Like all really alive people, we want to know what we can do next. Poetry is the water for me. It’s hydration for me. I’m immersed in poetry every day of my life. I am either reading, writing, broadcasting, or teaching poetry. I am in the flow that is always enriching me. I do think writers fail to take chances — because of a lack of courage, because of fear. My fear? If I read or see bad writing or art, it raunches me out. I think I can never write again. And then I think how, one day, we will be separated from everything we ever loved — so I say, grab on, grab on. Go forward. I’ve tried to do a book a year or a project a year for the last 20 years. I just clear the deck. The people — especially women — who are artists and writers never grow old. If you create all the time, you are bringing in such energy, such radiation; it’s a currency.
In one of the poems, “The Good Life,” you reference DC as “the poetry capital of the world.” Do you still believe that?
The writing community here, especially the community of poets, is a tribe. It was back then, and I think it still is. I don’t know why the DC area is different from New York or San Francisco, but it is. We created a universe and we populated it here. And now the old guard is in the wings, but there is a structure that exists of compassion and camaraderie.
In another poem, “The Abortion” the narrator is speaking plaintively about the most personal and difficult choices a woman can make. Is this poem about you?
Yes. I would have been dead at 35 without this operation. Read the line closely, “Says ‘Why you cry?’ (name?).” Those three one-syllable words, “why you cry,” are so powerful. I don’t have to say much more, do I? The power of single-syllable phrases. The poem says it all.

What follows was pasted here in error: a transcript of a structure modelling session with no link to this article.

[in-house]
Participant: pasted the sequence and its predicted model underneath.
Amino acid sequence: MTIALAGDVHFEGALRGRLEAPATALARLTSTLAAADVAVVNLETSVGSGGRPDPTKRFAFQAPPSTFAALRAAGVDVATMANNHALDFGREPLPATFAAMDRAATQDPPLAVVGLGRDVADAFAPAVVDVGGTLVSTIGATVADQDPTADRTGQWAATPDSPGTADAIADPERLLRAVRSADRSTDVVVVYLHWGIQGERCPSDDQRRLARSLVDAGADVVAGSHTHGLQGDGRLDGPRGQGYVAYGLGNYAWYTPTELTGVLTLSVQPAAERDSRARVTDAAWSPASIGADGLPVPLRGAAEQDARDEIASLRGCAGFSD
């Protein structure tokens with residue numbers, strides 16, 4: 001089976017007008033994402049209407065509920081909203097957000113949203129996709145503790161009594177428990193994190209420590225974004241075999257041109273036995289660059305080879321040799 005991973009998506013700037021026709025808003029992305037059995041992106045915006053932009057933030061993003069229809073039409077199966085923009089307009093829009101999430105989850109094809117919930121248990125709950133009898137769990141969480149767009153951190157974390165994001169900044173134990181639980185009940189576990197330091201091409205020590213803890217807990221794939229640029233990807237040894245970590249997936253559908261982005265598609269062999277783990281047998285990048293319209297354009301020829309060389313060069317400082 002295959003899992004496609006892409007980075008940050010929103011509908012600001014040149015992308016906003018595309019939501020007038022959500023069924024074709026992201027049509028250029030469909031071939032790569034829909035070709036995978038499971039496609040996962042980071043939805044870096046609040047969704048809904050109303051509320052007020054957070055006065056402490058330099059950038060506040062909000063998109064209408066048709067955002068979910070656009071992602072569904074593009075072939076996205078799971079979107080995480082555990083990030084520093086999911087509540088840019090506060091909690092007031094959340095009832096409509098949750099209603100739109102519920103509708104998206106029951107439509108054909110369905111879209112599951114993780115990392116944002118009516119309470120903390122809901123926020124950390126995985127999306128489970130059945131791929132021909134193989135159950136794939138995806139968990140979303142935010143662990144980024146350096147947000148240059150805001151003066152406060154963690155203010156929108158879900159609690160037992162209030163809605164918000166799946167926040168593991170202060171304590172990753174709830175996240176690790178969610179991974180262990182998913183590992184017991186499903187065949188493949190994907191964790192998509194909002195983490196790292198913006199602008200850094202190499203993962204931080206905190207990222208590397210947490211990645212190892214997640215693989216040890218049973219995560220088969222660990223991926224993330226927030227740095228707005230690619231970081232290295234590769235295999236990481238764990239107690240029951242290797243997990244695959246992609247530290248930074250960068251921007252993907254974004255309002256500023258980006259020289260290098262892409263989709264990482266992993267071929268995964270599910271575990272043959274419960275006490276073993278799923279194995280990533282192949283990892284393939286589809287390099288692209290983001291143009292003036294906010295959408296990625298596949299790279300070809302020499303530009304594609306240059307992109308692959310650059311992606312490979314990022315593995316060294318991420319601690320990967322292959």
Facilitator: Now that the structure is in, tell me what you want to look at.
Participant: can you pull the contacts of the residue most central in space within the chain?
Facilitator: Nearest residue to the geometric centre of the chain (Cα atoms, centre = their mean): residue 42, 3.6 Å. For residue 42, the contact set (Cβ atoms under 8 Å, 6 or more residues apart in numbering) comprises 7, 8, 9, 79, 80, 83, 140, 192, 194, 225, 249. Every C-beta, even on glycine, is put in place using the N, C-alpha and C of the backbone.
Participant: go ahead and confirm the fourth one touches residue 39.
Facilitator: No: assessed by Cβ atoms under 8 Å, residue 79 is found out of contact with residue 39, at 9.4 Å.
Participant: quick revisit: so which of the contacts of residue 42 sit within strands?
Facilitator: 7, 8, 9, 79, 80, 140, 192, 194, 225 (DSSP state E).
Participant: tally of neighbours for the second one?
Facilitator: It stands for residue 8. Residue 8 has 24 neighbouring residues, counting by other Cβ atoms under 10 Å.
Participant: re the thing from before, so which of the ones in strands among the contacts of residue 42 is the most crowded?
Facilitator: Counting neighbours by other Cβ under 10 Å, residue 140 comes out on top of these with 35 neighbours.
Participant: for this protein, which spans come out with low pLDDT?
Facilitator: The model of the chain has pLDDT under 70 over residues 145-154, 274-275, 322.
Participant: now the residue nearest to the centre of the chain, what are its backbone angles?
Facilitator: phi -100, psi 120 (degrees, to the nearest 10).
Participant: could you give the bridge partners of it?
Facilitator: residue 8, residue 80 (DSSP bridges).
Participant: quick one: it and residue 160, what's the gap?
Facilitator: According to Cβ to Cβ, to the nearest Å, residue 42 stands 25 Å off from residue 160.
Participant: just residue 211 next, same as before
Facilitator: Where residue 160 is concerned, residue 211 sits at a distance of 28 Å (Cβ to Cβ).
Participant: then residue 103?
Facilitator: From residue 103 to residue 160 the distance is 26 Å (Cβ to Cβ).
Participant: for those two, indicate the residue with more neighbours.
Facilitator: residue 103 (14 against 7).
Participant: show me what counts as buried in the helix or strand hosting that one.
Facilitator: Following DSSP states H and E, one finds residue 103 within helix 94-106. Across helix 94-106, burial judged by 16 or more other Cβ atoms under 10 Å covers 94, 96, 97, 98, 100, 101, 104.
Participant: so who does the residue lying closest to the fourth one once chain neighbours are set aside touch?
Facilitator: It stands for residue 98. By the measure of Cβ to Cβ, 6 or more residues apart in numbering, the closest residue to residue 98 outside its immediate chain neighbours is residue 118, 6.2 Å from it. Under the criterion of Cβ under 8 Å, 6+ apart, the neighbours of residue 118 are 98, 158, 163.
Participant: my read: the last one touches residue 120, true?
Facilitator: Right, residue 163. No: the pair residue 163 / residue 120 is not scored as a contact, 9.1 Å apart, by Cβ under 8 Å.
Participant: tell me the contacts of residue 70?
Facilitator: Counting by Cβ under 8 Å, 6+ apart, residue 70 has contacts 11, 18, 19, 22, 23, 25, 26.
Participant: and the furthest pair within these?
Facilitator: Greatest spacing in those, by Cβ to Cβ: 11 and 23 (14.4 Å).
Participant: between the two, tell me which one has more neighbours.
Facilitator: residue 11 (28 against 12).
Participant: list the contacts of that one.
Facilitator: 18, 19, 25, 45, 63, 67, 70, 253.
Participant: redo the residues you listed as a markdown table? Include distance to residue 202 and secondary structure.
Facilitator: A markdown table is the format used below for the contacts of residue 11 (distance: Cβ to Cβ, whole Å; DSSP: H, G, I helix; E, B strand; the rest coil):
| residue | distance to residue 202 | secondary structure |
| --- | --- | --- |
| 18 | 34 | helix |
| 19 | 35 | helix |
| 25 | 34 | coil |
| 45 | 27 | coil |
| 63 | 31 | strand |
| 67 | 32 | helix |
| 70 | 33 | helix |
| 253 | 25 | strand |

How would you describe this collection — and the great body of your poetry as a whole?
My work is mediative, surreal, coming from a deep pool. It’s about holding the space — and time.
You have interviewed so many poets for your past public-radio program, and these days for your current “The Poet and the Poem” podcast. Who is your favorite poet?
If poetry is the context for the wound…no, poetry is the context of the wound — Louise Glück describes the wound better than anyone I know. All of us writing are just describing the wound, but how do you want to hear it expressed? Louise Glück expresses it better to me than anyone else. So minimal. So unadorned. A lack of artifice. It’s just primal. It’s like a howl. But we resonate with different people. Her wound might not be your wound. I have the only radio recordings of Louise Glück that exist. I’ve done 25 years of interviews without interruption with the Library of Congress, and before those, 20 years with WPFW-FM. George Washington University Gelman Library Special Collections, which has the “Grace Cavalieri Papers” and archives, is working to digitize all my interviews for [posterity].
In your recent Grace Art: Poems and Paintings, you share your new medium: vivid abstract painting. You have a poem in there, “Tell Me a Story in Any Language,” which starts, “Tell me about that ‘God’ again.” I feel I can ask you this without irony: Tell me about God.
You know that God is the one stream of light that animates everything in this world. The brain and the mind are the animations and the light. It’s within us. How else could we possibly do this?
Does painting give you something different than writing?
I have to wake up and create. I have to create anew, and since the pandemic, it’s included painting. It’s included poetry. It’s about creation.
[Author’s note: Washington Writers’ Publishing House is proud to present a new edition of Why I Cannot Take a Lover. This small, nonprofit, cooperative, all-volunteer press would not exist without its co-founder Grace Cavalieri and her courage, her words, her love.]
Caroline Bock is co-president of Washington Writers’ Publishing House.